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Safety glass explained

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Safety Glass Information
David Howarth

Glass glazing is a rather common topic when discussing window replacements or home improvement but what I am going to talk about now is the safety of the glass and updated legal minimums that must be met.

The British Standard "BS 6262: Part 4: 1994 Code of Practice for Glazing for Buildings", has put into effect new requirements that must be met regarding glass glazing in any building to insure safety.

The main purpose of this standard is to insure that glazed glass used in "critical conditions" is safe. This means that in these critical conditions, glass must "break safely" and this can be achieved by using small panes of ordinary glass combined with thicker glass layers and protective screening.

Along with these "critical conditions," we also have "critical locations." So, what exactly is a "critical location"? Critical locations are defined as areas that are "at risk from accidental human impact" as defined by the Approved Document N of the Building Regulations 1991.

Specific examples of critical locations include glazed glass used in doors between the floor and 1500mm up from the floor as well as any glass that is within 300mm of the sides of the doors, most often referred to as side panels, along with any glass windows that are between the floor and 800mm off the floor level, and others.

So, what can you do to insure that this glass is "safe" as per government regulations? Well, the glass needs to be able to pass a series of tests and there are only a few types of glass that have withstood these tests and thus can be used in the "critical locations." Toughened glass that may seem like ordinary glass but has actually gone through a special heating process to toughen it can be used in these critical locations. This glass is much stronger than traditional glass and as a result, it is much harder to break. Laminated glass is also another option that many may want to consider. Laminated glass is made up of multiple layers of glass with plastic in between and are again stronger than ordinary glass. However, laminated glass is not as strong or expensive as toughened glass. A last option is wired glass that is made up of glass with a network of wires that run through it to add strength and stability.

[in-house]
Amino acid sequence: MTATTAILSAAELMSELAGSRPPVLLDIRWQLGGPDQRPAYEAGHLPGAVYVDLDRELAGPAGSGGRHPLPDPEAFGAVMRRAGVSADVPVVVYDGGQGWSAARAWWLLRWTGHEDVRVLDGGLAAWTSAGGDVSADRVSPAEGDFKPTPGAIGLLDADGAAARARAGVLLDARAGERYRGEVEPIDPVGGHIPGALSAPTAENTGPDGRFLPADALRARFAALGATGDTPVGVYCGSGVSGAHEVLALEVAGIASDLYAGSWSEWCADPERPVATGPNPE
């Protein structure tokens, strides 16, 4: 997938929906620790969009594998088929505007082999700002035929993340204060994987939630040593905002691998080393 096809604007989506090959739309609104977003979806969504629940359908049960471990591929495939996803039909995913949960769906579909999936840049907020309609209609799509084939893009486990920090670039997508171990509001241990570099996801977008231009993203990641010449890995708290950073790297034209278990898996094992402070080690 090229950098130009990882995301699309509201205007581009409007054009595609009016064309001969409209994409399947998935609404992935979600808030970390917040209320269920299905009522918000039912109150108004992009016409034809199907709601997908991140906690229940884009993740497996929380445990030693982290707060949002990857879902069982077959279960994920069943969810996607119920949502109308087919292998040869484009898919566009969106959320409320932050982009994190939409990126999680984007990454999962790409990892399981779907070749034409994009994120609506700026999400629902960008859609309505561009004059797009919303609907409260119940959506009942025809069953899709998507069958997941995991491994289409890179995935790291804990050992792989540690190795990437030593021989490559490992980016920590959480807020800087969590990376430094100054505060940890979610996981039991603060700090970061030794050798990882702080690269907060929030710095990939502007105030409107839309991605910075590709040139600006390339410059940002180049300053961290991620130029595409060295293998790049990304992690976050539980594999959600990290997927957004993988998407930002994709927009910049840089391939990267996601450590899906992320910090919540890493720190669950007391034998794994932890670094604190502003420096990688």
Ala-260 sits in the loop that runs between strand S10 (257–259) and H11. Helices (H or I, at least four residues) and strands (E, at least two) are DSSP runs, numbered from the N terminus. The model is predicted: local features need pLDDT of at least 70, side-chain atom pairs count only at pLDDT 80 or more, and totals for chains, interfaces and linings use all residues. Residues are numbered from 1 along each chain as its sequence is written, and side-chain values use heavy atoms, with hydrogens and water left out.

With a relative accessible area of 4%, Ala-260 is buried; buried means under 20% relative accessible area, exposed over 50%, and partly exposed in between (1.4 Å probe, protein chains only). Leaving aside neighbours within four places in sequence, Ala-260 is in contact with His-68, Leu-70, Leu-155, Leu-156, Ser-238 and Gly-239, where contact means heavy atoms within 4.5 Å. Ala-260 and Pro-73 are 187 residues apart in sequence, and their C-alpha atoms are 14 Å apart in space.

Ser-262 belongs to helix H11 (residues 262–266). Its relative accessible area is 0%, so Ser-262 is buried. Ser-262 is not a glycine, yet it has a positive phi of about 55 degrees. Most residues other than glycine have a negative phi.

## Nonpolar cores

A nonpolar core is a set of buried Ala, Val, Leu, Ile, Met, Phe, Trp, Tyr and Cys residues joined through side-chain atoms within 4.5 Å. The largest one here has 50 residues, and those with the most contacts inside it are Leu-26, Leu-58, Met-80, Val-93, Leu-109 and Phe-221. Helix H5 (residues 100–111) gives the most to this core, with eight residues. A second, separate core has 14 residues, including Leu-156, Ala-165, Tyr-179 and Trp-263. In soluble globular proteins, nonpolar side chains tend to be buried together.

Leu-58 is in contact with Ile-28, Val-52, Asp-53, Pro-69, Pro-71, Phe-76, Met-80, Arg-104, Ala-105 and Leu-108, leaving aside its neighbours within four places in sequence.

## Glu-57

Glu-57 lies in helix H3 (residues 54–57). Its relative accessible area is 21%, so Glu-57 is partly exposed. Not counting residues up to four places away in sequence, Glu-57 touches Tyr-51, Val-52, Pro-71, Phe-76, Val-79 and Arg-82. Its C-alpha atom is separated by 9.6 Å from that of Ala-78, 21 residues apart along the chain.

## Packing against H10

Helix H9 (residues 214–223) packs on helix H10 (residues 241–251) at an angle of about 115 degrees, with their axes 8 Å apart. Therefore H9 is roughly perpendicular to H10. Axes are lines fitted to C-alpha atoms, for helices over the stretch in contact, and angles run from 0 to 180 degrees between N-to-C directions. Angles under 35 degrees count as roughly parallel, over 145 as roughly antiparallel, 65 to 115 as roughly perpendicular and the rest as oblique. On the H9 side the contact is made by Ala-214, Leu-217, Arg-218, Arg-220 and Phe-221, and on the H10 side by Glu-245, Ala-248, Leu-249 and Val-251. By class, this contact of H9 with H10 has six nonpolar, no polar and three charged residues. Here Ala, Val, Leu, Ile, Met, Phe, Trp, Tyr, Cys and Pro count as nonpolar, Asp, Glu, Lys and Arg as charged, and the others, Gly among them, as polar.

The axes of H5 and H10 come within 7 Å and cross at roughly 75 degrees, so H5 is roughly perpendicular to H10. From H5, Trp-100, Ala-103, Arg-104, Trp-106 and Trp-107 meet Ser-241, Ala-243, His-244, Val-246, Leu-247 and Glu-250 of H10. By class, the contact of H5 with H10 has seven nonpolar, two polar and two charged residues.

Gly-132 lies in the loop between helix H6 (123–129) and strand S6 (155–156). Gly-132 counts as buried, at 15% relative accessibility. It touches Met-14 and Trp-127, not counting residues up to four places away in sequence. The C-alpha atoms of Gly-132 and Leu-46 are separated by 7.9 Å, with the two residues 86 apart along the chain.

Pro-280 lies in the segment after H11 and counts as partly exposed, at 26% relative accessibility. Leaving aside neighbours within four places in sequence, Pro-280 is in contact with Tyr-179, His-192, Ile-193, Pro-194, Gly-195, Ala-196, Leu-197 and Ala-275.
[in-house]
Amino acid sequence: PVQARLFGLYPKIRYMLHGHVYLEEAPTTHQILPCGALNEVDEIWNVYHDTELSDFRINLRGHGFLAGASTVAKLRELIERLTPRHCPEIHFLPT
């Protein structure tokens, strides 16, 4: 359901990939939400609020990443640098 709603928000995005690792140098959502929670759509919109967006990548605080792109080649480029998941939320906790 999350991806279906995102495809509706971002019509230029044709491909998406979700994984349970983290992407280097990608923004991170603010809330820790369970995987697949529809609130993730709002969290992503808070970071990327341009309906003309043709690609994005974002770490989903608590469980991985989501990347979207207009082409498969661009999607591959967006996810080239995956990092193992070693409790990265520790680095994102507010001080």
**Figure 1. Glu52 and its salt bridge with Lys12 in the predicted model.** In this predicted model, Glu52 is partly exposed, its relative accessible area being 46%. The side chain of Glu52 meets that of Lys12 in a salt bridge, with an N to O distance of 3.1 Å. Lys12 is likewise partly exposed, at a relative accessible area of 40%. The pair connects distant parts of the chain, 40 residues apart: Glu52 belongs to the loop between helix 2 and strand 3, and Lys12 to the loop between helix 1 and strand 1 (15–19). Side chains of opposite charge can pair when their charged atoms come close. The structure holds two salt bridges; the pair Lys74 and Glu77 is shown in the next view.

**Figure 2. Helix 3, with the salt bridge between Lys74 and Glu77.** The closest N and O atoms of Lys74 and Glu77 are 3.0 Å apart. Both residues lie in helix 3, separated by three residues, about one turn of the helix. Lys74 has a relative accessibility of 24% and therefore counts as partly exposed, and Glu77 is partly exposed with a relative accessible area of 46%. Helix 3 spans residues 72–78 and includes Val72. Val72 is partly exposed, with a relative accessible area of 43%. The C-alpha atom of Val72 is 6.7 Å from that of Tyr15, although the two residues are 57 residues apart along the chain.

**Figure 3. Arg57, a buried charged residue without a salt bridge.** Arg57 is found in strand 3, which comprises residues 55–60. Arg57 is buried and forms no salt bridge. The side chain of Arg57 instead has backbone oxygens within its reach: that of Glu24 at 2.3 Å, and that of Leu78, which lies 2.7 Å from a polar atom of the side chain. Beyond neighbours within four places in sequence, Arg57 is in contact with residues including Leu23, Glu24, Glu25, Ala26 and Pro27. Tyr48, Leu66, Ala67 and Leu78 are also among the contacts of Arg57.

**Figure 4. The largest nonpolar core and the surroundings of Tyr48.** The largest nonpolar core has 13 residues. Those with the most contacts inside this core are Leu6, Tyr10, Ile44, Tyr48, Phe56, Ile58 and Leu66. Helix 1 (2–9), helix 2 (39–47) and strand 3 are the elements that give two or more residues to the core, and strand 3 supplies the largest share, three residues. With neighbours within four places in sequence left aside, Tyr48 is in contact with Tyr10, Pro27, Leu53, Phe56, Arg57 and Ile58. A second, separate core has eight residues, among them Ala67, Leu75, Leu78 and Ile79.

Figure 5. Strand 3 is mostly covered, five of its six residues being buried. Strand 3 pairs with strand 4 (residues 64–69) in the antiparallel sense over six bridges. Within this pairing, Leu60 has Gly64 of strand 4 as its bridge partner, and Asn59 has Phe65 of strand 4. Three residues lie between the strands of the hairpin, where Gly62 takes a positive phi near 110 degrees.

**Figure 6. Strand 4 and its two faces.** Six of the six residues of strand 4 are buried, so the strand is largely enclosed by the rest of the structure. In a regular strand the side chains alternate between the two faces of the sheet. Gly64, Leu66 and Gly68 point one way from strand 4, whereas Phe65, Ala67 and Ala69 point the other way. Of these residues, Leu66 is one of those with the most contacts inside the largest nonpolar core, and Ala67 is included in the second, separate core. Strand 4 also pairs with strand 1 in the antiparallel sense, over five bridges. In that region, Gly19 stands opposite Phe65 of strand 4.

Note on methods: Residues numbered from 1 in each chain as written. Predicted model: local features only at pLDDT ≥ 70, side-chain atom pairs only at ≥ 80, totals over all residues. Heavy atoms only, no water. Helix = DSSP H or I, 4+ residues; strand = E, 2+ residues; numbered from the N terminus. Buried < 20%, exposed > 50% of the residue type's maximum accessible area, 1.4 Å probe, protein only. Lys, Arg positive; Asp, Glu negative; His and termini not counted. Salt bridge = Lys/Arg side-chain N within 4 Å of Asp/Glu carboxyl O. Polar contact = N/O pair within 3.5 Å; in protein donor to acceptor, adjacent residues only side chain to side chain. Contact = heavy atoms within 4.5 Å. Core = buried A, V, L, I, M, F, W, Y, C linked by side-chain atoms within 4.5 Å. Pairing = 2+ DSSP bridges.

Double glazing the glass or window is another popular choice, as while the emphasis is on the insulation properties, the fact that a double glazed window is made up of two panes of glass and not one means that it is roughly twice as strong as an ordinary one. This naturally means that it is more difficult to break, helping with safety around small children.

Glass strength is very important in these situations, both for safety and so that you follow the law so be sure to take the above regulation into consideration when considering glass for a new building or replacing glass.

David A. Howarth has been working in the home restoration and improvement business in the UK for over 20 years now, and enjoys writing about home improvement features such as PVCu windows and conservatories.

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